Stuck at home in the snow on Sunday, I decided to follow my own advice and check out one of my credit reports. I followed the normal process, visiting the Web site where people can get a free report from each of the three major credit bureaus annually. All went smoothly and, fortunately, there were no unpleasant surprises.
However, I have to admit that each time I download one of my credit reports, I’m always stunned by how many companies have contacted a credit bureau seeking information about me–“prescreening” my credit history to see if I qualify for a new credit card account or insurance policy. You don’t have to have a good credit history to get a prescreened offer; companies often ask for people who fit a certain criteria, and that could be for creditworthy people as well as those with lots of debt or late payments.
There is an easy way to eliminate a lot of these prescreened or prequalified offers. I haven’t taken advantage of this route because, as consumer reporter, I like to know what kinds of promotions are out there. But if you don’t want those offers coming in your mail, then you should consider “opting out.” You can do so by calling the toll-free number: 1-888-5-OPTOUT (1-888-567-8688) or visit the opt-out Web site. Both the telephone number and the Web site are operated by the major credit bureaus. You’ll be asked to provide certain personal information, including your home telephone number, Social Security number and date of birth. It’s all confidential. You’ll also be given a choice to opt out for five years or permanently.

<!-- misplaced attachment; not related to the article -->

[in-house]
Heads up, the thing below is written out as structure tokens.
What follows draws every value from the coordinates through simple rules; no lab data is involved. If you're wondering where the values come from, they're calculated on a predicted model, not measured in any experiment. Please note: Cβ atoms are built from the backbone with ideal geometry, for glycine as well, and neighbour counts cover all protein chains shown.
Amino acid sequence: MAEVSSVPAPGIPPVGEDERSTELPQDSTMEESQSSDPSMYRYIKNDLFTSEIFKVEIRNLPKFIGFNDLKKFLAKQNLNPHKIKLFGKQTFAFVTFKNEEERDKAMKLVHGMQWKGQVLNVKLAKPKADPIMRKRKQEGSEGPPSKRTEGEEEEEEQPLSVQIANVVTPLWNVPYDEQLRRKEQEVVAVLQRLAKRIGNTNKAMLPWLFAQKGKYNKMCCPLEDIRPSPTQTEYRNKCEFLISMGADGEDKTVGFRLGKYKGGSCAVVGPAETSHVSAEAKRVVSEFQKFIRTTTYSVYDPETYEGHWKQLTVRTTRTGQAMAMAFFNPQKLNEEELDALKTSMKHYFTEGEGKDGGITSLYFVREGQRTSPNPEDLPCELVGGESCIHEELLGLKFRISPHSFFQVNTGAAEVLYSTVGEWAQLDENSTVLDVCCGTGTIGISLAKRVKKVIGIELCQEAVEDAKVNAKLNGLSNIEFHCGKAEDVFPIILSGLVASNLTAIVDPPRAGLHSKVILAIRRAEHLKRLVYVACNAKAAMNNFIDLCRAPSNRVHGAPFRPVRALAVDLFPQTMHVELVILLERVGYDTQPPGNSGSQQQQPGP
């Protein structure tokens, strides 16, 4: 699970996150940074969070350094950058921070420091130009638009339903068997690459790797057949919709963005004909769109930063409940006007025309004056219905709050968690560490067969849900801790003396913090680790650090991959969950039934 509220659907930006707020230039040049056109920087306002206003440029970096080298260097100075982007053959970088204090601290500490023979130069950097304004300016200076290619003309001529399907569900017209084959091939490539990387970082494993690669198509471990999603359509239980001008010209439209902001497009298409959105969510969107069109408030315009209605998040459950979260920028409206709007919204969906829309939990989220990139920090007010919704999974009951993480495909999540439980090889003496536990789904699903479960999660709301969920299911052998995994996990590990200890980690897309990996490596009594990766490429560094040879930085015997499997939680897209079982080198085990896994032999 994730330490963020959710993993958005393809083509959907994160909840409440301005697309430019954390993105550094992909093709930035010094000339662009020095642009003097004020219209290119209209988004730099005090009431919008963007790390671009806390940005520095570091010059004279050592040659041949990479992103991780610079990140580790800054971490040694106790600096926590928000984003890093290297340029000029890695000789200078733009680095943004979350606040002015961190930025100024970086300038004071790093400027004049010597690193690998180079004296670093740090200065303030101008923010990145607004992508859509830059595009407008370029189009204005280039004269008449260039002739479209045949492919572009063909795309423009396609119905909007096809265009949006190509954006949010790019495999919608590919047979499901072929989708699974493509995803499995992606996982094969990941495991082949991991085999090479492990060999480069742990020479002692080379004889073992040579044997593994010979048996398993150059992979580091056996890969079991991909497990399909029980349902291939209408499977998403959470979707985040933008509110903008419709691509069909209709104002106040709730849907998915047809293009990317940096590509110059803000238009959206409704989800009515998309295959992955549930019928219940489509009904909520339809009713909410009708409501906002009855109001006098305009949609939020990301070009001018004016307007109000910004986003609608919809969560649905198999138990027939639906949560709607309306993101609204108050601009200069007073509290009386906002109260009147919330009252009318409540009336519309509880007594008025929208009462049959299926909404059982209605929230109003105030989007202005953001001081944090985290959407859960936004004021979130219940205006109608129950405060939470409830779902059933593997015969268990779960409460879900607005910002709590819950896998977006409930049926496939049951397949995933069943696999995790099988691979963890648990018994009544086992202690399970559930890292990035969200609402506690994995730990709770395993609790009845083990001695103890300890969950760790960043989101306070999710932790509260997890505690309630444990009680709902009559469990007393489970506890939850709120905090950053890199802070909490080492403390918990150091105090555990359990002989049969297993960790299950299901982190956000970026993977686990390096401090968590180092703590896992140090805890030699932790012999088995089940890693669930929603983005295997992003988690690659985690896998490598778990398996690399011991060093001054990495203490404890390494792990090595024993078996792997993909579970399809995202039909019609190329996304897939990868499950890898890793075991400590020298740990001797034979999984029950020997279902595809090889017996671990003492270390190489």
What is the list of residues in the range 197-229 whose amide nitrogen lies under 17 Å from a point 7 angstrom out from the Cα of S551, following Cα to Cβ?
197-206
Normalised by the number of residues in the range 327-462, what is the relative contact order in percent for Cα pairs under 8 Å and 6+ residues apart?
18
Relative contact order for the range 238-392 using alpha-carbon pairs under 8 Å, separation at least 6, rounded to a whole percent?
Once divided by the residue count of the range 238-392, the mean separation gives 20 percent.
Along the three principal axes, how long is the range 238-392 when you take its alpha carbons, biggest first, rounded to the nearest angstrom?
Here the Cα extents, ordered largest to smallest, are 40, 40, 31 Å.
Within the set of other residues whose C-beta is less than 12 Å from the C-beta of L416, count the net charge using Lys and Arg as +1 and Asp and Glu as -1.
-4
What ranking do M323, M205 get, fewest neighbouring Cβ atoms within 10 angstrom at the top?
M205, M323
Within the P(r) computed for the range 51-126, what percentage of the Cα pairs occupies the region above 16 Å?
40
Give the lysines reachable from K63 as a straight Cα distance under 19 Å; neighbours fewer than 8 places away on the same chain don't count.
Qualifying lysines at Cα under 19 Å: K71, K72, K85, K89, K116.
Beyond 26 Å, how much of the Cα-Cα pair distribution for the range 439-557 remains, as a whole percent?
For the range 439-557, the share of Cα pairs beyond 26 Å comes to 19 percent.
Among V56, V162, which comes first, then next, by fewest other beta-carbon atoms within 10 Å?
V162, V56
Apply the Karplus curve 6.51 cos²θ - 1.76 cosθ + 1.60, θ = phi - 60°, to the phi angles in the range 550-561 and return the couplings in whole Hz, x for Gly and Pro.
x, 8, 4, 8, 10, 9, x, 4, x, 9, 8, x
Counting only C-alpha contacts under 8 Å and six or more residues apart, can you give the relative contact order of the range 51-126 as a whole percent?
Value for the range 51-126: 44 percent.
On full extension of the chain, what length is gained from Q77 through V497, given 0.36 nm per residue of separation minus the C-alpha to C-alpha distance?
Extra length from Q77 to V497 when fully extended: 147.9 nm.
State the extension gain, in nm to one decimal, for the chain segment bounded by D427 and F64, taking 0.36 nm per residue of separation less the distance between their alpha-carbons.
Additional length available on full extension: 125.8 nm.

Should you opt out? The Federal Trade Commission answers that and some other questions in a fact sheet, noting that you may want to continue receiving solicitations if you’re in the market for a new credit card or insurance. Prescreened offers can help you learn what’s available and sometimes the prescreened offers are more favorable than those made to the general public.
If you decide you want to opt out, it may take 60 days before the solicitations stop flooding your mailbox. But be forewarned: The only ones to be stopped are those that use your credit history. There will probably still be plenty of others–from charities, local merchants, professional and alumni groups, etc. In other words, your mailbox will probably never be empty.